Whilst the utilization of social media is crucial, it is also important for players to act upon the big screen through physical messages of black solidarity. During a pre-season friendly against Brentford Aubameyang and the Arsenal team did precisely this. Arsenal manager, Mikel Arteta, revealed in an interview with Sky Sports that before the game Aubameyang had called him and informed him that the players wished to set up a protest before the game by taking a knee and wearing clothes adorning supportive messages towards the BLM movement. Through players being openly active in regards to racial equality, it sets the football aside for a moment and instead draws our attention to a more urgent matter. Another player who like Aubameyang has openly voiced his support for the BLM movement is Manchester City’s winger Raheem Sterling. Within the world of football, Sterling has perhaps been the most open about his disgust for racial injustice and the need for more black representation. Whilst he is often active on Twitter in advocating the importance of change, he takes it to a new level through frequently speaking out in various interviews and making the black voice heard; making him a true sporting figurehead of racial equality. During an interview with the BBC in mid – June Sterling made clear the importance of making sure a powerful black voice is not only heard but maintained: “keep talking, keep fighting”. Sterling’s constant speaking out on racial matters keeps the conversation alive, thus, forcing people to realize the need for fundamental changes in support of racial equality. For too long now the voice of the oppressed has been muted and through the likes of Sterling highlighting this oppression, hopefully, it will encourage people to intensify this previously suppressed voice and as a result create real change. It’s this step toward real change that is essential and something which Sterling has again openly stressed to the public:
“This is something that needs more than just talking. We need to actually implement change and highlight the places that do need change”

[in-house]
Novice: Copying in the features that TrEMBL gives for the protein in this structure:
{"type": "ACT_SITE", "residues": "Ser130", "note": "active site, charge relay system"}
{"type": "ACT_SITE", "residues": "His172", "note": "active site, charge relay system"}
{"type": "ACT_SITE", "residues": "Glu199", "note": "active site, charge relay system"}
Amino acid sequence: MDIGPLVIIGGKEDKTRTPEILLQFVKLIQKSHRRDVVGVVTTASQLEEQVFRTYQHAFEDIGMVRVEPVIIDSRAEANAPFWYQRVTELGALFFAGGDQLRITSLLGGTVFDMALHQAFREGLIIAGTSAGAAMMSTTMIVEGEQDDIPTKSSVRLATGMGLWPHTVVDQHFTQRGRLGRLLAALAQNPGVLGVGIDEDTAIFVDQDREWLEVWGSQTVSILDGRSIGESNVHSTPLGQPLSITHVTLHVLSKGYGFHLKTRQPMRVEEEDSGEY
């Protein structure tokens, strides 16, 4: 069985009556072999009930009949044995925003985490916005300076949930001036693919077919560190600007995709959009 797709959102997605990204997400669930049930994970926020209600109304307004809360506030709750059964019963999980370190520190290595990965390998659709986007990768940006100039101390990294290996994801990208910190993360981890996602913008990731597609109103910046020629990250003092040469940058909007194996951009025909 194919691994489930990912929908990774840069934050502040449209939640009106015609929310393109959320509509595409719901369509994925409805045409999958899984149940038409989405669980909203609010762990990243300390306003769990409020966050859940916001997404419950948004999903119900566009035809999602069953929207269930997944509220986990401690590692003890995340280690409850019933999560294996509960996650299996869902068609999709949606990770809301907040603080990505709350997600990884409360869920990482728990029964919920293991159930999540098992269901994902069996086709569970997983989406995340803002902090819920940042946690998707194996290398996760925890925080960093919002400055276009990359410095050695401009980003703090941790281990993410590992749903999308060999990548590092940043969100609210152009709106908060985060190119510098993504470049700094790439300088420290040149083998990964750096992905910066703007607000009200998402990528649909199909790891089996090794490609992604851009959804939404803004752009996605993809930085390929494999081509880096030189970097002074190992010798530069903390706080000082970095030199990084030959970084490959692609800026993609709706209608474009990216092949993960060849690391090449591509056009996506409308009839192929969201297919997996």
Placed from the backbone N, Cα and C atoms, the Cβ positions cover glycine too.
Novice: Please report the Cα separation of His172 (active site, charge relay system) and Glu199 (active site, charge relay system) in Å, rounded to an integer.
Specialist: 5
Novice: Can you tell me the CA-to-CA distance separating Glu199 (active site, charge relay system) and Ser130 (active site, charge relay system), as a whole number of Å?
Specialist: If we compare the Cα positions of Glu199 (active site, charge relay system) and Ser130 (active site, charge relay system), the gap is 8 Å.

Through active, socially conscious players, such as Sterling, this change will come; they keep the message within the limelight and booming throughout not just the world of sport but their local communities as well. Change will happen.
Within the MLS we have witnessed not just active individuals, but active player associations, in the form of the ‘Black players for change’ organization. Run by Toronto FC defender, Justin Morrow, the group now has over 170 players signed on and encouraging real social change. Morrow stated that he is looking to fight for change on two fronts both “within the MLS” through increasing the black representation in executive roles (which currently sits only at 2%), and simultaneously through “an initiative where we want to help in our local communities to address systemic racism.”. Through players supporting the message, they both spread the importance for change to the league’s viewers and also pressure sporting organizations to adapt to a new racially equal sports industry. The group wishes to set up mentorship programs for young black and minority academy players to ensure that they have both equal opportunities and clear pathways to become successful. BPFC is taking initiative both on and off the pitch to elevate and amplify the black voice as well as support black communities. Hopefully, this organization will continue its support of racial equality long into the future.
Ultimately, the footballing industry has been a great active force in supporting the Black Lives Matter movement. Through both the leagues and players tapping into their platforms, they have been able to echo the message of racial equality to the masses. However, more still needs to be done. Acts of discrimination are still taking place, such as the recent shooting of Jacob Blake and a new statement from the BBC suggests that reports of discrimination in the Premier League alone are up by 42% from last season. Players and leagues must remain active in their support for the fight towards racial justice as they have the potential to catalyze real fundamental change.
Change the game: change the world.